Hidden Desert Gems: Elephant Butte and Truth or Consequences, New Mexico

The Chihuahua Desert holds a few surprises, among which hot springs, fishing opportunities, and quirky little towns such as Truth or Consequences.

We left Albuquerque and drove south on I-25 until we reached our next destination: a non-assuming patch of dirt and gravel near Truth or Consequences, Monticello RV Park. As we drove out of town, a flock of migrating sandhill cranes paced through the fields, busy finding a bite to eat. The sizeable birds have been around for tens of thousands of years and can be found as far as Siberia and Alaska. In the winter, they migrate south in search of warmth, many stopping in New Mexico, but going as far as Florida.

We settled in at the quiet RV park and set out to explore the area with only a few hours to go before sundown. We came upon a large mass of water: Elephant Butte Reservoir. The reservoir collects water from Rio Grande and provides much-needed irrigation water to the area, as well as a fun playground for locals and visitors. One might even see a pelican or two perched on its banks!

For dinner we scarfed down local tacos from Casa Taco, and chilled with a glass of wine. On our way back to the RV site, we admired a beautiful moonrise and golden sunset over the butte.

Not far from Elephant Butte, we discovered the quirky town of Truth or Consequences. Initially, the town was named Hot Springs after its main attraction, geothermal springs, which attracted many tourists in the 1930s and beyond. When a 50s radio show personality promised free publicity to any town that would change its name to match the name of his show, Hot Springs took him up on it and became Truth or Consequences. The show host Ralph Edwards visited the town each year until his death for a celebratory fiesta involving pageants, parades, rodeos, and rubber duck races—and the tradition still carries on today.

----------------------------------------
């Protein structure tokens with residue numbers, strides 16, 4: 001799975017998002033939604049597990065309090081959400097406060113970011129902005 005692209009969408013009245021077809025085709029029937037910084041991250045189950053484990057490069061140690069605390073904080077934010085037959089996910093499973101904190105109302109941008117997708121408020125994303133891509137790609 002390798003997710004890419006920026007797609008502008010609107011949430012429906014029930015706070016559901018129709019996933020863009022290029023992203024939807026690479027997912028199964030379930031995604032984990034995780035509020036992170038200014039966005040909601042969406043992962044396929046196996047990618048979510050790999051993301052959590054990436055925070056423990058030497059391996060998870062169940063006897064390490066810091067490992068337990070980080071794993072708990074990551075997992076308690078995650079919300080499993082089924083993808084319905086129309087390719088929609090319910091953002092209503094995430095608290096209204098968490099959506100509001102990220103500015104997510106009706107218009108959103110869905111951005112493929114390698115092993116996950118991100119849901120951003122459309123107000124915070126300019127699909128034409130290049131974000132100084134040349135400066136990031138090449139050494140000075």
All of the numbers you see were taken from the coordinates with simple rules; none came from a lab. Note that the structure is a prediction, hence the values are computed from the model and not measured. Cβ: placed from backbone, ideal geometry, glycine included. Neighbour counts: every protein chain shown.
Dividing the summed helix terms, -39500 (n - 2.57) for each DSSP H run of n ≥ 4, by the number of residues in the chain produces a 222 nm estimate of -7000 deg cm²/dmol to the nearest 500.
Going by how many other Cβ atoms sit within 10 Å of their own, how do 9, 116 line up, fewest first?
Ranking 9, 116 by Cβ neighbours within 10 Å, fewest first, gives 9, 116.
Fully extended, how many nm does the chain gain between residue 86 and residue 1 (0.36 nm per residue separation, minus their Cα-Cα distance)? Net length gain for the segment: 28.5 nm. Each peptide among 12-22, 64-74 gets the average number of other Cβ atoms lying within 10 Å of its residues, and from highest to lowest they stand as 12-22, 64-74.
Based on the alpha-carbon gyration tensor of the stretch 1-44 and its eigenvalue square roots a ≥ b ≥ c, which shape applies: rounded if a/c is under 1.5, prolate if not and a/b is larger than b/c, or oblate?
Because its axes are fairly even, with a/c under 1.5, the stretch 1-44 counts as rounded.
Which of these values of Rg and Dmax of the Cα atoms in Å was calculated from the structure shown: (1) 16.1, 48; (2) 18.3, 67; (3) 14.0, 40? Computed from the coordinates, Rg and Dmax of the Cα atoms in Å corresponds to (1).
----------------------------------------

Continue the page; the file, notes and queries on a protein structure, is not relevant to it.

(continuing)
The little town is big on art and charm: murals, metalwork, and various art installations are omnipresent. The local shops are just as fun and colorful. Our doggies made friends with the staff at the Passion Pie Cafe, scoring some homemade doggie biscuits.

The Geronimo Springs Museum features Native American art and history, prehistoric fossils, old windmills, wagons and tools. Farther down the road, the town’s historic bath house district, a 56 acre area listed on the National Register of Historic Places in 2005 (between Post, Van Patten, Pershing and Main Streets) is not to be missed.

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